Texas Guard Leader Vows All-Out Effort for Hurricane Ike
American Forces Press Service
WASHINGTON, Sept. 12, 2008 Texas National Guard personnel began rescuing residents stranded by rising waters Friday afternoon, and the Lone Star State's National Guard commander vowed to resume relief missions as soon as Hurricane Ike vents its anticipated fury on the Houston region sometime Saturday.
“After the storm passes, whatever the surge may be or the damage may be, our primary mission is to get back in there as soon as we can,” said Maj. Gen. Charles Rodriguez, the state's adjutant general, on Friday.
Meanwhile Friday, two Texas Army Guard Blackhawk helicopters reportedly rescued 16 civilians who were stranded by high waters on a bridge near Bolivar Island, in the mouth of Galveston Bay near Houston, and flew them to Ellington Field in Houston. High winds in advance of the hurricane forced the helicopter crews to return to their base, Texas officials reported.
National Guard officials reported as many as 300 people were stranded in vehicles on the bridge.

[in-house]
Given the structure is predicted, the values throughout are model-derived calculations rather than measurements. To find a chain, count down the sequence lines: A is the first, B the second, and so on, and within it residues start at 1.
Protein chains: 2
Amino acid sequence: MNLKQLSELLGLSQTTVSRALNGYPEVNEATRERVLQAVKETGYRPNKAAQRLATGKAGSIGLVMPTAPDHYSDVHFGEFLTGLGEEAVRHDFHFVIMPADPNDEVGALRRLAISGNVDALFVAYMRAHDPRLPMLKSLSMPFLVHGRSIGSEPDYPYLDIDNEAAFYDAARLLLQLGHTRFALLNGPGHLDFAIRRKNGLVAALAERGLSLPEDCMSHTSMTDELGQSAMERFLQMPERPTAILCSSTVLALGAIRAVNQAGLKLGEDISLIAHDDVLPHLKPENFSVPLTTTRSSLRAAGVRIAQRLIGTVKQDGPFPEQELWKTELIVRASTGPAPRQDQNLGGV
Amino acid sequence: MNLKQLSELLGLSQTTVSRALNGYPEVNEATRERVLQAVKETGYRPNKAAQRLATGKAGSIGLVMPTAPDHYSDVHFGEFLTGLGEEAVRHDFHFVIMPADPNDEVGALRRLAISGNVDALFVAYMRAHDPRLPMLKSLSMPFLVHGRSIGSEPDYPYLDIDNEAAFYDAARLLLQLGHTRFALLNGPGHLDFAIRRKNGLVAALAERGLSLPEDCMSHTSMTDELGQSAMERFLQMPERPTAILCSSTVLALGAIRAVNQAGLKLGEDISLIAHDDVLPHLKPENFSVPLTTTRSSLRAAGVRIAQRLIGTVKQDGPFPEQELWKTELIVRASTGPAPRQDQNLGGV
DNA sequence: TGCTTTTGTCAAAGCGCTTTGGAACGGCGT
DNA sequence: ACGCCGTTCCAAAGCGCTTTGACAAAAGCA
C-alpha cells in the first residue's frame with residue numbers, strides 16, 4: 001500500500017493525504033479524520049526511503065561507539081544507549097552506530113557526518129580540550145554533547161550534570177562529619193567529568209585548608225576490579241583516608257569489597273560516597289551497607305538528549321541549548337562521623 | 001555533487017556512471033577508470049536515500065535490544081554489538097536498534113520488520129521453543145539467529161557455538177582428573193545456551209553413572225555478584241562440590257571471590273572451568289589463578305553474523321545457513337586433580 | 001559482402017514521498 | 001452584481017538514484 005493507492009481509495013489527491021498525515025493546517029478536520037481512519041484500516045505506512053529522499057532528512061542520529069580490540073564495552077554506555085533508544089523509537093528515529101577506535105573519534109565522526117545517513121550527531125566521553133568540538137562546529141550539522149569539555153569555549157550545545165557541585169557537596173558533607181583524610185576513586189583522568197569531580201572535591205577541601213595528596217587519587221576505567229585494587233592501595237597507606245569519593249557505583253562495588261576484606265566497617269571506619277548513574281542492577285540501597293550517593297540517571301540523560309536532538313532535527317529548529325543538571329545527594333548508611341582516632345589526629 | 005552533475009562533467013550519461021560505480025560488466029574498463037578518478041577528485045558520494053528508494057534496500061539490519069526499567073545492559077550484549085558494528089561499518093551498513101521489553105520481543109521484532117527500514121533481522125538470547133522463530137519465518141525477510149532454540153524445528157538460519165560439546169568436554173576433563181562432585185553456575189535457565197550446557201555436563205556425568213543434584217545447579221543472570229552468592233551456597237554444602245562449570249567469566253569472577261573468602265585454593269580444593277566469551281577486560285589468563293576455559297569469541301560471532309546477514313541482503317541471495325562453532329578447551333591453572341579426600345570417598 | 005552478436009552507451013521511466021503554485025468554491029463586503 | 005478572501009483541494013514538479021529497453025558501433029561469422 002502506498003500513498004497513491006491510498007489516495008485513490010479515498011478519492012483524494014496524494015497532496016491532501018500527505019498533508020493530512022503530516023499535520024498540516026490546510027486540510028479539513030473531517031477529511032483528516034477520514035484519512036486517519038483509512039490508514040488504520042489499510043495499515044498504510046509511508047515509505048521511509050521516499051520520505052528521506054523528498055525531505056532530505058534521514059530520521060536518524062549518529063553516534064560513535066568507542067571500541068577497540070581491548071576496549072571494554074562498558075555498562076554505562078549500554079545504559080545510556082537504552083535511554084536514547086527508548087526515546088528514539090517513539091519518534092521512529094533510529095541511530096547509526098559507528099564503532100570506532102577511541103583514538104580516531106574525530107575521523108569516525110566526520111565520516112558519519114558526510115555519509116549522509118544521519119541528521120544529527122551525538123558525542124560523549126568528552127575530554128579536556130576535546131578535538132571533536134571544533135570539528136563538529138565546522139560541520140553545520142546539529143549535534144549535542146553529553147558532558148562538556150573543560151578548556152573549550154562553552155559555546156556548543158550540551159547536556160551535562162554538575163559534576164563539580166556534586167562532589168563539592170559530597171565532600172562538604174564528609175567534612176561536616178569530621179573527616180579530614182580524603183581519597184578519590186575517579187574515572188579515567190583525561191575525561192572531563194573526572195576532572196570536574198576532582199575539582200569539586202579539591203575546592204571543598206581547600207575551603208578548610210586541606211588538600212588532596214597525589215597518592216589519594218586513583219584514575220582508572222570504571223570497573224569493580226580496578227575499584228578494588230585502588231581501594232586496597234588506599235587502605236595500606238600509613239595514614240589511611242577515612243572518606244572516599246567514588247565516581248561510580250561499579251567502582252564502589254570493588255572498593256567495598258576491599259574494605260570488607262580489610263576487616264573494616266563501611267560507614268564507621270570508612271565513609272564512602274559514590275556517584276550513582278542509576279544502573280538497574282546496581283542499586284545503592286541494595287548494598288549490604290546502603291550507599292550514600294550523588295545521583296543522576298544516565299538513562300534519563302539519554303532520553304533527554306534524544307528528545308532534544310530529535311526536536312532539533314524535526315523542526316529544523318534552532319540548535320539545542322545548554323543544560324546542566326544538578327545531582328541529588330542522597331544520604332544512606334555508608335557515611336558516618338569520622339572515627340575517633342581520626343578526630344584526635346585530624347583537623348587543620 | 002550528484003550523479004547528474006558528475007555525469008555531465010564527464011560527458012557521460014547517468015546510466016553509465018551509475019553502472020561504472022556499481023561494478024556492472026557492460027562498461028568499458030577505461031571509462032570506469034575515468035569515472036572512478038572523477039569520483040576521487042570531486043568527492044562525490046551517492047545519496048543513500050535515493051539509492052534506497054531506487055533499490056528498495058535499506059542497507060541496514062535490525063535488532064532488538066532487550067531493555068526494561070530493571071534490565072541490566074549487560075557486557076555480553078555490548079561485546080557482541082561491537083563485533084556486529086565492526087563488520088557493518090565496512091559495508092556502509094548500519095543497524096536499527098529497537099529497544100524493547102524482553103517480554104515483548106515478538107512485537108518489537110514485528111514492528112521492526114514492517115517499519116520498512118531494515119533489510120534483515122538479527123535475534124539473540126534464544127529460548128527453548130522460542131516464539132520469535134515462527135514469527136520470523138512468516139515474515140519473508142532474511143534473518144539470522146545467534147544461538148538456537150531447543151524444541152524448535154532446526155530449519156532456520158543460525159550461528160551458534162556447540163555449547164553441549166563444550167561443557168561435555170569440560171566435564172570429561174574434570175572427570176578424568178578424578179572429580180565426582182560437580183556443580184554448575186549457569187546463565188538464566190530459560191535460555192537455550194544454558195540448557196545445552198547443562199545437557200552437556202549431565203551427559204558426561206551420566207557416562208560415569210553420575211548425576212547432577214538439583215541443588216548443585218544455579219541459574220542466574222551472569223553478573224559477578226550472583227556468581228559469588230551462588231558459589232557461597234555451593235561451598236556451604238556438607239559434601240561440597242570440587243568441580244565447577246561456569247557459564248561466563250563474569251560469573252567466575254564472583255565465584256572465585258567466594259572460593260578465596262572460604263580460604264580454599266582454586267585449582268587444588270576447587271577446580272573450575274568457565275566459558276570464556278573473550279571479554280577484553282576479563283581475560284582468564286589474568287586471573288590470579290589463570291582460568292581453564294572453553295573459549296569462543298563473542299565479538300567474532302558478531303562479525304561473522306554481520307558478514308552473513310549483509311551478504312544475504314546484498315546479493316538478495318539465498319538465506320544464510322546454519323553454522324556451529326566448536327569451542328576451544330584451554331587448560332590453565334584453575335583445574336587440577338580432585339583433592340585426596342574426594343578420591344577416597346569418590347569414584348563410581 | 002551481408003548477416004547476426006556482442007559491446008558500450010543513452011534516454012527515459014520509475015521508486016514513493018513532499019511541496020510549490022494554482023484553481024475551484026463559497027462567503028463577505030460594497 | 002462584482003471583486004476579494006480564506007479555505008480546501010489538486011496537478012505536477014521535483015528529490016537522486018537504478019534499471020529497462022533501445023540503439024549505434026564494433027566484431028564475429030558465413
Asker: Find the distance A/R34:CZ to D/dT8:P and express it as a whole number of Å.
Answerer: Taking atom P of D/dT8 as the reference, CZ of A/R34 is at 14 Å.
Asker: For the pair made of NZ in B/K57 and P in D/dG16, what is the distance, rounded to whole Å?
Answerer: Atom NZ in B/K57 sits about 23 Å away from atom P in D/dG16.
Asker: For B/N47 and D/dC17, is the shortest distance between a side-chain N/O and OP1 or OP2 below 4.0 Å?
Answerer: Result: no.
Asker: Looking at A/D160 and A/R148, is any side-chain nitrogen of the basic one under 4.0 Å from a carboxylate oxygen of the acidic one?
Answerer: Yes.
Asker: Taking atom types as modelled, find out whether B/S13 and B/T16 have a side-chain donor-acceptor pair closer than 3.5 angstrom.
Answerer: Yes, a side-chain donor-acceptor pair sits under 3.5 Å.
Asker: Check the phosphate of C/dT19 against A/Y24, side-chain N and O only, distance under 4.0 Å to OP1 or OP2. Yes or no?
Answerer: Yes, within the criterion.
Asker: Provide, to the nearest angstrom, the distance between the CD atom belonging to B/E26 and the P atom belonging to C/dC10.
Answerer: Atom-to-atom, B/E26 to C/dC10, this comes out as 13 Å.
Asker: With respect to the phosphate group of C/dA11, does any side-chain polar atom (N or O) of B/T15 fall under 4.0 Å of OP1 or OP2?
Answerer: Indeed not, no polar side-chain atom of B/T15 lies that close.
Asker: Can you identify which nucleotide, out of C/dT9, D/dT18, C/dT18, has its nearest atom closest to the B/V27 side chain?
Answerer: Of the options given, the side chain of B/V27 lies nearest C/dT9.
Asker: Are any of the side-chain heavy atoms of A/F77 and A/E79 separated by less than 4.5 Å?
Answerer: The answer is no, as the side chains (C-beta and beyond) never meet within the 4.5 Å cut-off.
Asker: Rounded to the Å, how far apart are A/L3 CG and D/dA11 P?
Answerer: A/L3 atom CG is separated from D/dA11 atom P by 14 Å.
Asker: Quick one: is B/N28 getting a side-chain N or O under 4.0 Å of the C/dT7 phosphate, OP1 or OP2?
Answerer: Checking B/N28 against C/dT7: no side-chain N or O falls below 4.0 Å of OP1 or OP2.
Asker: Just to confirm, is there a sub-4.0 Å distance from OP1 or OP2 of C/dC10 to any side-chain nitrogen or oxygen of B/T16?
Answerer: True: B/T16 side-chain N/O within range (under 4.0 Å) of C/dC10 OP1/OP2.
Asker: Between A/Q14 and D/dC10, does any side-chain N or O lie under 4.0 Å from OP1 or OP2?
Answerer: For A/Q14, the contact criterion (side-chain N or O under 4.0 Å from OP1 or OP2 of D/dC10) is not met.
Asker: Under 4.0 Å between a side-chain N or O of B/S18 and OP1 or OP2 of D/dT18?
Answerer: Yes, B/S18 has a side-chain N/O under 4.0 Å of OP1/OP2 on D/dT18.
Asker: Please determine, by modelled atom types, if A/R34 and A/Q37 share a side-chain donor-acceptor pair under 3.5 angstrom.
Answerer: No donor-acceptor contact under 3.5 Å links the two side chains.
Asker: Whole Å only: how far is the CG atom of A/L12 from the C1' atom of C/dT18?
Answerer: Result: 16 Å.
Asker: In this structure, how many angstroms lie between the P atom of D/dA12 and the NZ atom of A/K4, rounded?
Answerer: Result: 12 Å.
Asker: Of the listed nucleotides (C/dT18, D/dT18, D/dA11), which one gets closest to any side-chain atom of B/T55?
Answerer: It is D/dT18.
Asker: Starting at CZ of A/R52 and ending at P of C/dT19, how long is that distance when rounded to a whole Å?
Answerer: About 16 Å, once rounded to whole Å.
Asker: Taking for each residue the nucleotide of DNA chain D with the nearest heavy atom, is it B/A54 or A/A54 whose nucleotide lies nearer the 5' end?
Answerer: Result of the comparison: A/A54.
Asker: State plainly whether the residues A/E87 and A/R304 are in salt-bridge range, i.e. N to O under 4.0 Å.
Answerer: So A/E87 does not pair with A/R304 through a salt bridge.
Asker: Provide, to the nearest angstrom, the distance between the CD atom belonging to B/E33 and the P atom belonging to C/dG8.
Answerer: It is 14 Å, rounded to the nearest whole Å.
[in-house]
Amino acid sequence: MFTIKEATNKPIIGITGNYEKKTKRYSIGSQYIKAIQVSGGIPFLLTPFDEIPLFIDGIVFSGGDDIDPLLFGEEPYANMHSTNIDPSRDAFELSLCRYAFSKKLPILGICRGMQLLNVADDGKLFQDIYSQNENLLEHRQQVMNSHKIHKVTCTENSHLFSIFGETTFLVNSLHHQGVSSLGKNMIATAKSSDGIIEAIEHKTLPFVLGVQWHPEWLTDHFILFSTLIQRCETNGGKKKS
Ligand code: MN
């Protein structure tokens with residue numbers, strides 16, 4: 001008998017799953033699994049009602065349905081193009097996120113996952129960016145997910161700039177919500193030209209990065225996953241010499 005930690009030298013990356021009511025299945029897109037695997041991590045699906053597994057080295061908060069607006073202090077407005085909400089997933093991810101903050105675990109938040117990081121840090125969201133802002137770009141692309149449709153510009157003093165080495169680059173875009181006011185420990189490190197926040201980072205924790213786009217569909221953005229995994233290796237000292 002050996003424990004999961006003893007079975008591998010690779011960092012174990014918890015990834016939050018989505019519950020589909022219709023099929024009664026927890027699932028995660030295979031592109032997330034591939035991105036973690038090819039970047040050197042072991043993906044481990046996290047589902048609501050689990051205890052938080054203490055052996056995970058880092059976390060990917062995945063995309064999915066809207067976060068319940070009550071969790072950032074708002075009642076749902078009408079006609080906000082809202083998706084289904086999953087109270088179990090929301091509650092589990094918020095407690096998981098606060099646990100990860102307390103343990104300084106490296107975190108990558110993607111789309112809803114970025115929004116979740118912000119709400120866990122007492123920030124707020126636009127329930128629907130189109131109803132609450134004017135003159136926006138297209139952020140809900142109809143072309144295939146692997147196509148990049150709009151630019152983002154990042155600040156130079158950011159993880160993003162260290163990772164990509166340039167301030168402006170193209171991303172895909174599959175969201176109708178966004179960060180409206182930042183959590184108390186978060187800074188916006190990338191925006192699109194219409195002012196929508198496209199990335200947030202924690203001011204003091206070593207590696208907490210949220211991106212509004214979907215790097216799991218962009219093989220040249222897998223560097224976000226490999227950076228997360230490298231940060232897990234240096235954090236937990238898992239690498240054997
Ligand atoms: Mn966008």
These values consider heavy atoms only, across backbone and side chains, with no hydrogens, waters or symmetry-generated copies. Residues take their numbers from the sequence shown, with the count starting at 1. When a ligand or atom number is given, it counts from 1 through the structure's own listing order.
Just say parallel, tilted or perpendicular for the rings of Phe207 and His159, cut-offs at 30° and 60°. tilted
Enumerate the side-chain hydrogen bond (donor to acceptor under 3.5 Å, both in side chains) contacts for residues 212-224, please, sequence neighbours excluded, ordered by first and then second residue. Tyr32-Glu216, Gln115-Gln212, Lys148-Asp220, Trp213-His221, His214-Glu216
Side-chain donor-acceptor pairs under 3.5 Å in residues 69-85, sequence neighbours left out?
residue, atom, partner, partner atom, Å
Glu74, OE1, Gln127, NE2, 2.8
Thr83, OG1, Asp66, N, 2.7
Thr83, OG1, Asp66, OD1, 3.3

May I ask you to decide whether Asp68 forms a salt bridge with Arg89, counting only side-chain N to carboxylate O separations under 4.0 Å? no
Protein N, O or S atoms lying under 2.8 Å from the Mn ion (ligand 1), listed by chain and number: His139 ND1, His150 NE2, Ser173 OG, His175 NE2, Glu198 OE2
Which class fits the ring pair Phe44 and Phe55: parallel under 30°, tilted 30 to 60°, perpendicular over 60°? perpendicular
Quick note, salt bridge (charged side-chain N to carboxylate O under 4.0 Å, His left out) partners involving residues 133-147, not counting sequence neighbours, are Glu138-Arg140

The state has established Texas Task Force Ike comprised of military and civilian law enforcement and emergency management personnel, Rodriguez said.
Gov. Rick Perry earlier this week authorized calling up 7,500 National Guard Soldiers and Airmen to state active duty because of the emergency. About 3,000 Soldiers, Airmen and 500 high-water vehicles, generators and other assets have already been deployed for the pre-landfall phase of operations.
“The No. 1 mission is search and rescue, second is damage assessment, and third is setting up points of distribution,” Rodriguez said. “We’re going to use helicopters for damage assessment and rescue missions.”
The task force is also prepared to position another 500 vehicles at points of distribution. The National Guard plans to hand out water, ice, and food provided by the Federal Emergency Management Agency at distribution points throughout the area.
(From a National Guard Bureau news release.)